Book Review

Documents Relating to the Sentimental Agents in the Volyen Empire by Doris Lessing

the final book in Doris Lessing's sci-fi quintet


As I guessed, suspected or somehow knew, the zones of book two weren’t mentioned again here, and that’s ok.

Here, again, are Johor and Klorathy, this time a long way from Shikasta in a tiny, five planet empire (well, three planets, two moons, but throughout Canopus in Argos, moons are counted as planets) that is about to collapse under invasion from the splintering Sirian Empire, the inevitable destruction of which has been brought about by the rivening of its ruling class after Ambien II’s long term immersion amongst Canopean agents that Lessing detailed in The Sirian Experiments.

This one, then, is much more connected (in terms of plot) to the rest of the novels in this series than the rest have been, which is strange.

Like each of these five novels, there is tonal and thematic – as well as structural – uniqueness. Like some of the earlier texts, this novel is structured as if a collection of documents, though mostly they are from the same voice: Kolrathy, again, as he tries to keep hope and existence alive in this politically-splintering little empire.

There is an icy moon that Klorathy helps to liberate from its reliance on imported food by introducing a special crop suited to the environment; there’s a novice Canopean agent who has been overwhelmed by the local, chaos-pushing Shammat leader who Klorathy needs to reeducate, which allows for some scenes very reminiscent of A Briefing for a Descent into Hell; there’s a disillusioned Sirian spy from the Volyen colonial administration who organises a show trial to hold his planet to account; there’s loads going on.

What is different here, tho, is that The Sentimental Agents is very very funny. Not quite farce, but certainly satire: I laughed a lot of times, and tho some of the cold war satire scenes are intentionally underwritten to pointedly prohibit misinterpretation, there are gags aplenty, and a particularly funny one is when the corrupted young Canopean is given extreme anti-Shammat training by being sent to live an entire lifetime as a vicious leader in the French Revolution who eventually freeze-starves to death in Napoleon’s botched invasion of Russia, he keeps yearning to be sent back, with Klorathy reminding him that his experience there wasn’t meant to be enjoyable at all. I don’t think I’ve retold that well, but if had me howling.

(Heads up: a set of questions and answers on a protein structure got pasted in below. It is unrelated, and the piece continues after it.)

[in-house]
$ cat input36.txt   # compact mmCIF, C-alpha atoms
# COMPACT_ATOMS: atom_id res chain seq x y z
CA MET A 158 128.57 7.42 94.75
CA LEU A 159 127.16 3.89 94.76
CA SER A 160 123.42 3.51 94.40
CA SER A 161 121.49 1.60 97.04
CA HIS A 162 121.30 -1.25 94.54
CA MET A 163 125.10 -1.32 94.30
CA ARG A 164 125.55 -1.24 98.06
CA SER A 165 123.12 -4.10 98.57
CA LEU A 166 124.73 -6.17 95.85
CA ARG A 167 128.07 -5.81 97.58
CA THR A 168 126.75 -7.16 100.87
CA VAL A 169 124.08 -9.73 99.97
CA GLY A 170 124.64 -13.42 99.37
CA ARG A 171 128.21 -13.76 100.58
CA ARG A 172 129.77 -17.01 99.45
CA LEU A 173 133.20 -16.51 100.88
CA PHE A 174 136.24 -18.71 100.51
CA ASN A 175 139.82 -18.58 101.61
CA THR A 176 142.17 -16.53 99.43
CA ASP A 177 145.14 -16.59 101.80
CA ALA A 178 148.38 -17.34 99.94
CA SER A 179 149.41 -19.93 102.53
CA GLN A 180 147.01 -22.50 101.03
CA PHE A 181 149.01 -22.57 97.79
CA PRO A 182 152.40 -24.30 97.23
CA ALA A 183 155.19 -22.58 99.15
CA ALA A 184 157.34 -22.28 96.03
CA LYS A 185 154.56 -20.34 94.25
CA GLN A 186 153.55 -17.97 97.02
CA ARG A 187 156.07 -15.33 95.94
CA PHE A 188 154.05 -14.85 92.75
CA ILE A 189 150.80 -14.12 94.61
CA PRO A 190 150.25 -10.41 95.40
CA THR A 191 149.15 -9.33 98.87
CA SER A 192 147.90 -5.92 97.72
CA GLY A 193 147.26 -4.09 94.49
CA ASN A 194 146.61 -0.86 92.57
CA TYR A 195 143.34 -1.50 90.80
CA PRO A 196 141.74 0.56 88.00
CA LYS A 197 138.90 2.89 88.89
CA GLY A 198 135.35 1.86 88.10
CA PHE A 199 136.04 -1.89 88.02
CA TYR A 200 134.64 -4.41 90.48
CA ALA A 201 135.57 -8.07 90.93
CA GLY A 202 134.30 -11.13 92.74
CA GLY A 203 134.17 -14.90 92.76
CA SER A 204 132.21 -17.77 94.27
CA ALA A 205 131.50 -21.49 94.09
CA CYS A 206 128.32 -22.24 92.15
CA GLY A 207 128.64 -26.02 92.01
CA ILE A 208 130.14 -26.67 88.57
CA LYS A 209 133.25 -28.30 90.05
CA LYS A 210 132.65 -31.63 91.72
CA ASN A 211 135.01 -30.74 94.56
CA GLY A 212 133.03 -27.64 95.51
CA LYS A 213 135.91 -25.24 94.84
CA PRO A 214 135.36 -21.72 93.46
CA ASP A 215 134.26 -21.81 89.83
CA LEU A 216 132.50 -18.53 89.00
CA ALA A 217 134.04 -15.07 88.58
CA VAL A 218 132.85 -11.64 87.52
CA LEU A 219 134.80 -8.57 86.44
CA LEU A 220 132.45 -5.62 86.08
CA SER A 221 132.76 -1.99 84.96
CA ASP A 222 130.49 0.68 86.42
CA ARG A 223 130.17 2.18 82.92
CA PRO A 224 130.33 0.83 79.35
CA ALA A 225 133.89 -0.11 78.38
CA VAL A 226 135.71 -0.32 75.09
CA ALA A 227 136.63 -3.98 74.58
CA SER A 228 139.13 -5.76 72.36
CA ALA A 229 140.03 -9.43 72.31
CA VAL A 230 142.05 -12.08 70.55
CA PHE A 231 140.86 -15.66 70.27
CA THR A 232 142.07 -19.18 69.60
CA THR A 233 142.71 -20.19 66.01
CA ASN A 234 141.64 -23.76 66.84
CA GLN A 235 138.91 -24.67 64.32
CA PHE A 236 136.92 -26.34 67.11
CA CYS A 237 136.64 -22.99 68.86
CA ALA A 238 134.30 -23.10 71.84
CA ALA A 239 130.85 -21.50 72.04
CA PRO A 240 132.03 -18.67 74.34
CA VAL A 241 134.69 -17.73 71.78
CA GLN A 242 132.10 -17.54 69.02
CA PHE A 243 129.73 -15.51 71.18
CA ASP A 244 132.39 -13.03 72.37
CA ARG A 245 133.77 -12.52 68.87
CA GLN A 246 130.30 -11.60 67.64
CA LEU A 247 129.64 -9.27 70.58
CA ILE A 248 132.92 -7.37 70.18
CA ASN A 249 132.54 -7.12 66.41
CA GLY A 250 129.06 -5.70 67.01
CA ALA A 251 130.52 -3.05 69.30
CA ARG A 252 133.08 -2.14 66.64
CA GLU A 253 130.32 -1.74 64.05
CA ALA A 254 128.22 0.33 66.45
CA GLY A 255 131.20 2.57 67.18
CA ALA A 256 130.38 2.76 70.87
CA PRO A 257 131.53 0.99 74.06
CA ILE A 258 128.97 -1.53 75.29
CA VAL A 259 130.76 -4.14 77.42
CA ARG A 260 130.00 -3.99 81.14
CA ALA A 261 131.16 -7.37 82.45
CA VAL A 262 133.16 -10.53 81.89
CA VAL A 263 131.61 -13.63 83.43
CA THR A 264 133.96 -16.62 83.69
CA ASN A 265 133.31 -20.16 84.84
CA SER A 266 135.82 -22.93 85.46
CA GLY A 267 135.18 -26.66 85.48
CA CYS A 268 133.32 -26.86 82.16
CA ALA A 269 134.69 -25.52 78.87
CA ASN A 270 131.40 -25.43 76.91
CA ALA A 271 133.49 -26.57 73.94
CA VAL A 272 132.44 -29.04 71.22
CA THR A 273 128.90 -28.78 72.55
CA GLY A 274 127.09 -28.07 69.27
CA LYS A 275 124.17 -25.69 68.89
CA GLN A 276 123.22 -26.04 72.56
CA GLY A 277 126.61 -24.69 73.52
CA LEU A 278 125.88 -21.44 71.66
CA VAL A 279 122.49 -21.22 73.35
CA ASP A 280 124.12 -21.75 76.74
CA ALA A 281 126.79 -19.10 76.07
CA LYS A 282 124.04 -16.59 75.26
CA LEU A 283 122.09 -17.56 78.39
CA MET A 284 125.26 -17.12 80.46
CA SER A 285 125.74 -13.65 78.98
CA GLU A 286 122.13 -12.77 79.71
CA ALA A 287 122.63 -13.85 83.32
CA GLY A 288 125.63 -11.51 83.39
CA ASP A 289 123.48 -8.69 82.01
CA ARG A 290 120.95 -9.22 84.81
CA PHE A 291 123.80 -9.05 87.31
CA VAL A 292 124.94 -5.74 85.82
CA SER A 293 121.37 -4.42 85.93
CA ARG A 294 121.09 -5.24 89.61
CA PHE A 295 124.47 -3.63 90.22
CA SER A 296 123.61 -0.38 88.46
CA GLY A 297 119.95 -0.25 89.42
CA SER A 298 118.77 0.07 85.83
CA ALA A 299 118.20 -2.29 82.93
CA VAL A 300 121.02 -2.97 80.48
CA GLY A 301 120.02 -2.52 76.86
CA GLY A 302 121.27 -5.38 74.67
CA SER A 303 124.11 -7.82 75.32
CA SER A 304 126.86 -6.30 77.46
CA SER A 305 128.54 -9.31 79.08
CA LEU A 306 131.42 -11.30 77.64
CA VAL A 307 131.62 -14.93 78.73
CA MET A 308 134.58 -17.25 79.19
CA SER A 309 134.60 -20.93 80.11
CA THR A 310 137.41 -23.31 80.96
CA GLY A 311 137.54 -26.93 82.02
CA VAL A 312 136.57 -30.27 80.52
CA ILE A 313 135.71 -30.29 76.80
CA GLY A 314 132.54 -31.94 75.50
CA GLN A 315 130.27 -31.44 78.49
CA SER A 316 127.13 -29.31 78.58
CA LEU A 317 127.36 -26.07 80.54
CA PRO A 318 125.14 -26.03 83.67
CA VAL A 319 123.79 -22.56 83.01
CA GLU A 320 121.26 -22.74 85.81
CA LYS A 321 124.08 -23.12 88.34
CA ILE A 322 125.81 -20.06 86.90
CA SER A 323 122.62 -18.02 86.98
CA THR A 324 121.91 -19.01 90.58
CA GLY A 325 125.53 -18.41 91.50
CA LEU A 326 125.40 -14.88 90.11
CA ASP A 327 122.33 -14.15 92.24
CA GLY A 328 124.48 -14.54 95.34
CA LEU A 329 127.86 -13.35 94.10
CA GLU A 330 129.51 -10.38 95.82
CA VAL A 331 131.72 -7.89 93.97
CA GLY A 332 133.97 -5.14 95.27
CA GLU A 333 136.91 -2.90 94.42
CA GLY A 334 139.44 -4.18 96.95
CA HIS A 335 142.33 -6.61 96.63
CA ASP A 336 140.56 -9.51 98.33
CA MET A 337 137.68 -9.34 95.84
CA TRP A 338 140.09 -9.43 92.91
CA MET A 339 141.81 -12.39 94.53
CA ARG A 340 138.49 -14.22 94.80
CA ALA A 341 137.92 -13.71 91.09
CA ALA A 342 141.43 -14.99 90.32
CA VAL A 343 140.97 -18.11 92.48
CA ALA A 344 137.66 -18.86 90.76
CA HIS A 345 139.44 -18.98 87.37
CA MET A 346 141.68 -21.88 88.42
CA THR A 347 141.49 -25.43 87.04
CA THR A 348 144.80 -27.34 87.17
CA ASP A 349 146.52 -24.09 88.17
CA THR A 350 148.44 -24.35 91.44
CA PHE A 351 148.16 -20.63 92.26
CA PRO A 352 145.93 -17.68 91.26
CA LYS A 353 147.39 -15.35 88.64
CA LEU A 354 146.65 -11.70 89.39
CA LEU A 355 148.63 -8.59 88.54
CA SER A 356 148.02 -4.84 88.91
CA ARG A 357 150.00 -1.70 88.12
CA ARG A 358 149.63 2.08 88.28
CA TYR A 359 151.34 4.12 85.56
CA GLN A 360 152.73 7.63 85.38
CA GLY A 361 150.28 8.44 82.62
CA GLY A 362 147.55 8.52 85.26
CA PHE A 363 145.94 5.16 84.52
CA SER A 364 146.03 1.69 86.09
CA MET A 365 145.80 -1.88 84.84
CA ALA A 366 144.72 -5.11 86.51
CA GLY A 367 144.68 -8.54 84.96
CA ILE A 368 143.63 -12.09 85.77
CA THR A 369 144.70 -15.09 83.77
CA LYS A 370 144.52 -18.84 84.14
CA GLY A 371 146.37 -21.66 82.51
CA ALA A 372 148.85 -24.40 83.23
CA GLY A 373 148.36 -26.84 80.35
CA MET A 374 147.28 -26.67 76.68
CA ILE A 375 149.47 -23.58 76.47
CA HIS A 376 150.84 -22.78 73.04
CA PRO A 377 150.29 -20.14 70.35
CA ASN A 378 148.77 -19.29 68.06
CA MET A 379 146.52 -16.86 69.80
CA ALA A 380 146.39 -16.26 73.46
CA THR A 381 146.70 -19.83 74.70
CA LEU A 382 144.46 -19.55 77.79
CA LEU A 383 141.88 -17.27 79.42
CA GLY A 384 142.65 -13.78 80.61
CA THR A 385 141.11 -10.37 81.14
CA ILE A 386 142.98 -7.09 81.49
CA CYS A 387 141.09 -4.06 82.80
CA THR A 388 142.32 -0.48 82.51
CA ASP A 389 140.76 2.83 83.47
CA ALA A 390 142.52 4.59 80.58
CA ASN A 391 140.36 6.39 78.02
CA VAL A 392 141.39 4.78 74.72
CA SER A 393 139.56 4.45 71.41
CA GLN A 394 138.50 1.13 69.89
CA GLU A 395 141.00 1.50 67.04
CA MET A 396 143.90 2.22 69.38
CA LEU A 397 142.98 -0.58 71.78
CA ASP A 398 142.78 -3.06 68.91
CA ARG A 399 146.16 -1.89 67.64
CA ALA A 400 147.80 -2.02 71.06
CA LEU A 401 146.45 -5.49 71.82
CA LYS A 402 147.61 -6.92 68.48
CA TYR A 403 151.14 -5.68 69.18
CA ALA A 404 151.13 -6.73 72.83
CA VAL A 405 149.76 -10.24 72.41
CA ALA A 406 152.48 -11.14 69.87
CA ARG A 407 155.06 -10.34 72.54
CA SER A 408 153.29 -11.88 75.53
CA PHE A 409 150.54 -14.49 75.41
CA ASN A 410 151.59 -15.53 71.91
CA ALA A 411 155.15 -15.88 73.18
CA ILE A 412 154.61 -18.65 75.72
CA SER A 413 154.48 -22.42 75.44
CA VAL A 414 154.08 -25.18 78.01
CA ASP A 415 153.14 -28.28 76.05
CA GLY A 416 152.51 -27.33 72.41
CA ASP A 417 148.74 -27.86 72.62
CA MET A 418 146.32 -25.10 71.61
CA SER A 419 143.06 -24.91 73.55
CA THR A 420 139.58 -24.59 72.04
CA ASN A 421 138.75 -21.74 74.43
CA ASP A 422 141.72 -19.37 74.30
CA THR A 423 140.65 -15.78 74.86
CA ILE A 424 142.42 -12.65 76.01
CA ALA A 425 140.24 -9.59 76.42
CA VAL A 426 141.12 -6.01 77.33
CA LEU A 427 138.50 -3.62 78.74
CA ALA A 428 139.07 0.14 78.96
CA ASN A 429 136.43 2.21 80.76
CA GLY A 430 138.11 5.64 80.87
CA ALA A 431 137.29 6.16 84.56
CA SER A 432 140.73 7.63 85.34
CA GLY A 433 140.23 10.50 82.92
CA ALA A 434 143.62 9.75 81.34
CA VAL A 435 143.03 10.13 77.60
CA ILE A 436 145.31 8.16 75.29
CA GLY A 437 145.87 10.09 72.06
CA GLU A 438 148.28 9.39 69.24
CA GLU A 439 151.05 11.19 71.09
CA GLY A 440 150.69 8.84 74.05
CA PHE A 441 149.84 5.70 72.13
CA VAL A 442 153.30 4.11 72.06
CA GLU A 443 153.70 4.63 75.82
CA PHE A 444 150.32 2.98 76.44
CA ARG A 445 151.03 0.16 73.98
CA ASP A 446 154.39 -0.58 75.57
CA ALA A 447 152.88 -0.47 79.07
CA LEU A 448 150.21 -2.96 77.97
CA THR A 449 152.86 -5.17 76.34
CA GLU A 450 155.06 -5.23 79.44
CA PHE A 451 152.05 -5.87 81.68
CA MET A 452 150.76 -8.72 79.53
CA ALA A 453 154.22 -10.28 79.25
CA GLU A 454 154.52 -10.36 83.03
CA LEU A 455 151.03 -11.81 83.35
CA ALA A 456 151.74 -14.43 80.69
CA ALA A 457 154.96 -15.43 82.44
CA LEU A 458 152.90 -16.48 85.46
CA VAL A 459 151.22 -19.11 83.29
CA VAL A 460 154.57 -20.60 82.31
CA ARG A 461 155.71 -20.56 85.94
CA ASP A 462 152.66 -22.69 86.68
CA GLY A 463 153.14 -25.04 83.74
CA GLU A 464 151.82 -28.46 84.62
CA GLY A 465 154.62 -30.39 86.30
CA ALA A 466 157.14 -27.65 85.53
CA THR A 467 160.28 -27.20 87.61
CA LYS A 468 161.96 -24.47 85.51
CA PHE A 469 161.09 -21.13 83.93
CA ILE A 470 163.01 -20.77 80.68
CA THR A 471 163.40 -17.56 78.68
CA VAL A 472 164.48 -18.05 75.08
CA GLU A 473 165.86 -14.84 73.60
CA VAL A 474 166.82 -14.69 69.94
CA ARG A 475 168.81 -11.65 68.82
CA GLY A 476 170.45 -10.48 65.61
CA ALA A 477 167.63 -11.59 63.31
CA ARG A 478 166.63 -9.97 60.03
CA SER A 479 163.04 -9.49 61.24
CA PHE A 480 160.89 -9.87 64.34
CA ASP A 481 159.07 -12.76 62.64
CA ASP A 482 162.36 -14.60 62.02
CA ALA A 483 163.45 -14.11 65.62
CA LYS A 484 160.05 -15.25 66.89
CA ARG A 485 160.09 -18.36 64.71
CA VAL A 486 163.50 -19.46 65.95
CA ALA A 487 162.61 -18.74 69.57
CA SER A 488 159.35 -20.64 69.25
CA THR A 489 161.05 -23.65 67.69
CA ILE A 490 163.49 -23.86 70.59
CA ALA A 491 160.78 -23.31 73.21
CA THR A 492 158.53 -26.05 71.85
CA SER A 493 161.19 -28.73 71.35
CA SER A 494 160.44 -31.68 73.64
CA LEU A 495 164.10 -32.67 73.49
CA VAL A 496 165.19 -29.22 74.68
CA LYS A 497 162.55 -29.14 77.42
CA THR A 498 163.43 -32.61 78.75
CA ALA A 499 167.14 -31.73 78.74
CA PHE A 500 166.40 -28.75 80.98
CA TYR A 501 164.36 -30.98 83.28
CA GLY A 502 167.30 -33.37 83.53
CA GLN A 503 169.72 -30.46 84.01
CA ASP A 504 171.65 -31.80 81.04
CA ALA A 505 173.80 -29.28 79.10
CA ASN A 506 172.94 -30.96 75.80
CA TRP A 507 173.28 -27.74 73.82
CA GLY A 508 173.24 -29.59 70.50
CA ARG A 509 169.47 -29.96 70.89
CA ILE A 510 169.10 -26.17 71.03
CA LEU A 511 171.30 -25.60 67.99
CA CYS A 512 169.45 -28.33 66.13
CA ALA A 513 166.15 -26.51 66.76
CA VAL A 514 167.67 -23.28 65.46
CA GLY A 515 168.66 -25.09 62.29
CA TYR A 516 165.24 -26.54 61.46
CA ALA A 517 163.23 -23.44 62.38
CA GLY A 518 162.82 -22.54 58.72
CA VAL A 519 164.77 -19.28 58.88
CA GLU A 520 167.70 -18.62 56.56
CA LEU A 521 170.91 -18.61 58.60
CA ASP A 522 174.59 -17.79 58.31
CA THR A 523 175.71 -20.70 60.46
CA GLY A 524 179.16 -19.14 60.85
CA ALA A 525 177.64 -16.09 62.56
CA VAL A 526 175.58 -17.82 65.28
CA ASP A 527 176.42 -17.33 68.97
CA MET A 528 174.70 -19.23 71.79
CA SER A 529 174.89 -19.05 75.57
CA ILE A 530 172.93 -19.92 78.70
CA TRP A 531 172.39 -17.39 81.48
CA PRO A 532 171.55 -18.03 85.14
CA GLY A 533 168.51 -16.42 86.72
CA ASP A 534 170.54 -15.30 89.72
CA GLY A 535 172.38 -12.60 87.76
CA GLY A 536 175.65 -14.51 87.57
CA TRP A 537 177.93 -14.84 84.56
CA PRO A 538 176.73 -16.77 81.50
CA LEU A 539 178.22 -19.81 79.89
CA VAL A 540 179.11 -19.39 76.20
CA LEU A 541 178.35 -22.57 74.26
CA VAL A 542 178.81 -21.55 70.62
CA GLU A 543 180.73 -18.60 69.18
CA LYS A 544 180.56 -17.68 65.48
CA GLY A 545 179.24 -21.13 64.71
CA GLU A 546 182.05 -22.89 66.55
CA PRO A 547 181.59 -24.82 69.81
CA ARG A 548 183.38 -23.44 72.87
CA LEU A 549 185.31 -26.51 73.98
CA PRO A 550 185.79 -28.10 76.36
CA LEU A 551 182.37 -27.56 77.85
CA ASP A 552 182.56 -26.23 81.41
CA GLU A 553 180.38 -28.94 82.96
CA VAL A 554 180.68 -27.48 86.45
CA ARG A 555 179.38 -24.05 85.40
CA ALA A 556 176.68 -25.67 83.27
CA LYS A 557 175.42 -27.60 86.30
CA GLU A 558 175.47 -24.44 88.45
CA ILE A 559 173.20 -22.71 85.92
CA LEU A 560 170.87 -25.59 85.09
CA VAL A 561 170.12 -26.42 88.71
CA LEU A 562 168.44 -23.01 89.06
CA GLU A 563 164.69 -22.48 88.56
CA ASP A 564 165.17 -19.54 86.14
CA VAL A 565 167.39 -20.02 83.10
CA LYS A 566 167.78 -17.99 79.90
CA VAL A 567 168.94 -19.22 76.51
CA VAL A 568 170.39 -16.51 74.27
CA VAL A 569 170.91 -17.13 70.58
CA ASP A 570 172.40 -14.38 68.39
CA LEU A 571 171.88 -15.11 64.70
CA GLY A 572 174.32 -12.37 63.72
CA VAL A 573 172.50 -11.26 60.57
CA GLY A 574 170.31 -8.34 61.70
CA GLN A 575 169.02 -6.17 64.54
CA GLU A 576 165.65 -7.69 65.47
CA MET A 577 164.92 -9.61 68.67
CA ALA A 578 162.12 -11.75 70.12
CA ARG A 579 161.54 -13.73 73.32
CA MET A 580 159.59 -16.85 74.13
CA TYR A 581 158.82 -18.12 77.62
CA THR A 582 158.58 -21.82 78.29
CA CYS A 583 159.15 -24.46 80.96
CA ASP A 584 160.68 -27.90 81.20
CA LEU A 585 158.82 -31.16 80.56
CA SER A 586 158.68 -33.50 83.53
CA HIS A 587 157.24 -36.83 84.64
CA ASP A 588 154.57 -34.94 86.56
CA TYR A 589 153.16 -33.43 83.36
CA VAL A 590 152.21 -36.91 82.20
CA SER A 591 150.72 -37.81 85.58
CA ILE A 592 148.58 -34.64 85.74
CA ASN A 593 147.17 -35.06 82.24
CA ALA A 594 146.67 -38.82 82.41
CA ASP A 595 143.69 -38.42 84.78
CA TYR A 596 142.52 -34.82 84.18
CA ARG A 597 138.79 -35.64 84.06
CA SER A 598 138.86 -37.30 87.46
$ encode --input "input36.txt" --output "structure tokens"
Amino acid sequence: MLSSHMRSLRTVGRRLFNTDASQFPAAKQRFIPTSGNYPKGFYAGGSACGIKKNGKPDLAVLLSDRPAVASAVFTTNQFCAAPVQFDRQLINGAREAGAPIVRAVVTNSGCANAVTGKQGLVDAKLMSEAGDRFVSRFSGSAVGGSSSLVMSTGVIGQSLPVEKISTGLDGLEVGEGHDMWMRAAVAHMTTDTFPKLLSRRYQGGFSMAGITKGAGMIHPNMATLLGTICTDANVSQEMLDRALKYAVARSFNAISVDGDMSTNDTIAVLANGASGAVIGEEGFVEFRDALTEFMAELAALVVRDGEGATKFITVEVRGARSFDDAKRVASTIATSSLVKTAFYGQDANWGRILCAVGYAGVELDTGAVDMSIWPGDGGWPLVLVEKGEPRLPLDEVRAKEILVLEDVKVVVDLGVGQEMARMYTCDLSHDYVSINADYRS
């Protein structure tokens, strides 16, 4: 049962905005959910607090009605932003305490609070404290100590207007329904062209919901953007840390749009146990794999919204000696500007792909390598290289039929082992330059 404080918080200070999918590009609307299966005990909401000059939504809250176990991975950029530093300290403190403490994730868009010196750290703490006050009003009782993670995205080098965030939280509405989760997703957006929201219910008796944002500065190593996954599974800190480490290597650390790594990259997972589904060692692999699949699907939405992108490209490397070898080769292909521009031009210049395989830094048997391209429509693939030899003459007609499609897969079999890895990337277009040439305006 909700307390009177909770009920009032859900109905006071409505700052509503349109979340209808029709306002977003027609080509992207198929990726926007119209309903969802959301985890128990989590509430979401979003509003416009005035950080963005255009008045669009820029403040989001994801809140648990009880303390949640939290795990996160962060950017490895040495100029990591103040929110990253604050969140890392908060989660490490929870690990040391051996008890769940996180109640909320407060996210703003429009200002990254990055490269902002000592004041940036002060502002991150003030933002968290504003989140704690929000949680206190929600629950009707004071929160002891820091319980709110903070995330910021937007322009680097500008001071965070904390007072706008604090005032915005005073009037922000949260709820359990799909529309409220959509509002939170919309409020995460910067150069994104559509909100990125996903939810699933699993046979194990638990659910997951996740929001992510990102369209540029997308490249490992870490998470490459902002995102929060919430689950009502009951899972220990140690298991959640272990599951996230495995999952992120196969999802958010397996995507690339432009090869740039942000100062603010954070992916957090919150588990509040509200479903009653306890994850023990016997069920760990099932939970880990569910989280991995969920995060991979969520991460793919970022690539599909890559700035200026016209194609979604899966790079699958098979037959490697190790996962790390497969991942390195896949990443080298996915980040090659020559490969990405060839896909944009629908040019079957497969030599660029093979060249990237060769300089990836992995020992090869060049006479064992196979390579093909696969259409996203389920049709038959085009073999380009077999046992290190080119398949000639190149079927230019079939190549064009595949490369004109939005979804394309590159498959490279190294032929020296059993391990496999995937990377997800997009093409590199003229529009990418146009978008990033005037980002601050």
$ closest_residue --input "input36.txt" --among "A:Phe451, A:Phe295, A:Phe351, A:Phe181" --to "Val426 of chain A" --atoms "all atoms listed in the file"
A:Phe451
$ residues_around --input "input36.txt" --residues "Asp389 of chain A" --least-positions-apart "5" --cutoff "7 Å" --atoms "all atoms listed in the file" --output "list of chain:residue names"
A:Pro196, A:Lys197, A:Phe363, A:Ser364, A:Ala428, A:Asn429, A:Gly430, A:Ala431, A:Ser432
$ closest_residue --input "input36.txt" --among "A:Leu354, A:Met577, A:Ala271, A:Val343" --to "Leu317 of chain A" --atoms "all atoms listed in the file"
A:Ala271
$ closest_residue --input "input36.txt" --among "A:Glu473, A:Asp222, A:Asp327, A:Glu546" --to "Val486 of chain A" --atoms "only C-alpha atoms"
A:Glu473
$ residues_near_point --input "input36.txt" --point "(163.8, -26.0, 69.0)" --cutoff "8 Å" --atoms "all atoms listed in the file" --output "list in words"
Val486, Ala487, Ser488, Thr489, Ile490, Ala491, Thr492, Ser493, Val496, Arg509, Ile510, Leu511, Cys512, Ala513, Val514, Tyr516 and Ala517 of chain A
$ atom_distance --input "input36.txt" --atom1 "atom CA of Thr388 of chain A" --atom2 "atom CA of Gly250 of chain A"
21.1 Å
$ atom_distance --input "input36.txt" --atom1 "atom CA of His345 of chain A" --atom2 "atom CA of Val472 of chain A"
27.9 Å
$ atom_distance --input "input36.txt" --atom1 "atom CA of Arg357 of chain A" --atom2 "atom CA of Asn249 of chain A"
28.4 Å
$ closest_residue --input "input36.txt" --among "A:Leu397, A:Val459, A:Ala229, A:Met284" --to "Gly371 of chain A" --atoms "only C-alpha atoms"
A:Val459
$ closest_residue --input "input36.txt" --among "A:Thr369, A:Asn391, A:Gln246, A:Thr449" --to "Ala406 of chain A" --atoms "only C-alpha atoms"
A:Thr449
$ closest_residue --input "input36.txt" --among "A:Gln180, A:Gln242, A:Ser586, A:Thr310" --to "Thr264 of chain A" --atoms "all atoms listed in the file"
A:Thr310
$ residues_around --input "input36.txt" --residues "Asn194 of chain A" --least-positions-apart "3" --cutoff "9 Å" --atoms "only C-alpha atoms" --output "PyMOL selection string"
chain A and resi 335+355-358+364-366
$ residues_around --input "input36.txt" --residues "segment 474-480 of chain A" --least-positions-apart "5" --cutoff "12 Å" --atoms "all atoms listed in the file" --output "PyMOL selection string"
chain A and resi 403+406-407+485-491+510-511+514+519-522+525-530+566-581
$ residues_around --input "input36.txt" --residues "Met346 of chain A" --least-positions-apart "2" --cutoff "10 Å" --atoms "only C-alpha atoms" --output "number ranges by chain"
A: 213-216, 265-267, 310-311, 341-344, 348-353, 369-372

This one is all about politics and governance and the in-built obsolescence of empires built without purpose. Canopus continues to be powerful but calm, with knowledge rather than surplus, with compassion rather than force; it’s a benevolent, rather than benign, dictator, and here Canopus appears and influences people and places that are explicitly not “of it”. It’s exciting, it’s glorious fun tbh, and – like the rest of the series – explicitly political.

The future is projected at the text’s end, but not too far into it; there’s no cod-science about Canopean methods of reincarnation and bodily projection, there’s no locking together the timelines and narratives of the novels, there’s no deeper knowledge making of the governances and structures of Canopean society, beyond its care for Need and Necessity.

It’s wise, I suppose; it’s another example of excellent writing slotted into (but also subverting) a genre framework.

Lessing choosing to write a space opera is an example of the impressive heights of her prowess: Canopus in Argos: Archives doesn’t feel less-realised than the lives Lessing evokes in her writing set irl, and the absences of those wider sociological and geographical description that are often found in genre writing (i.e. fantasy novels often contain maps) aren’t missed at all.

Lessing wasn’t a nerd: there is no way that (imo) there exists in her personal archive timelines and lists of pretend space leaders and empires and stuff, just as one wouldn’t expect, for example, Sally Rooney to keep open a word document listing every Taoisach in history as she writes.

Lessing doesn’t waste time “world building”; she evokes a universe and competing political agendas and then she writes narratives within those spaces:

the many unconcluded plot lines in this series (and within its books) aren’t important.

Canopus in Argos isn’t about Canopus, it’s about living, it’s about life, it’s about priorities and selfishness and ignorance and cruelty and self importance and the need for community, for cohesion, and the absence of easy answers to difficult questions.

Thankfully, Lessing was massively prolific, so there’s plenty more of her writing for me to find and read, and I will do. More Lessing coming soon to my hands and my eyes, absolutely.

A real pleasure, a real joy, and within the covers of The Making of the Representative for Planet 8, genuinely a perfect book and one I will likely recommend for decades.

Thank you for reading and see you again soon, I hope!

Fucking hell this blog’s not as coherent as it used to be. is 10 years old! Celebrate by sharing this post – or others – with friends (if you have any), family (if you have any), lovers (which I presume you have because this website isn’t for children), or by donating to the site via the below link so that I can maybe take a day off work some time and enjoy being alive for a few hours.

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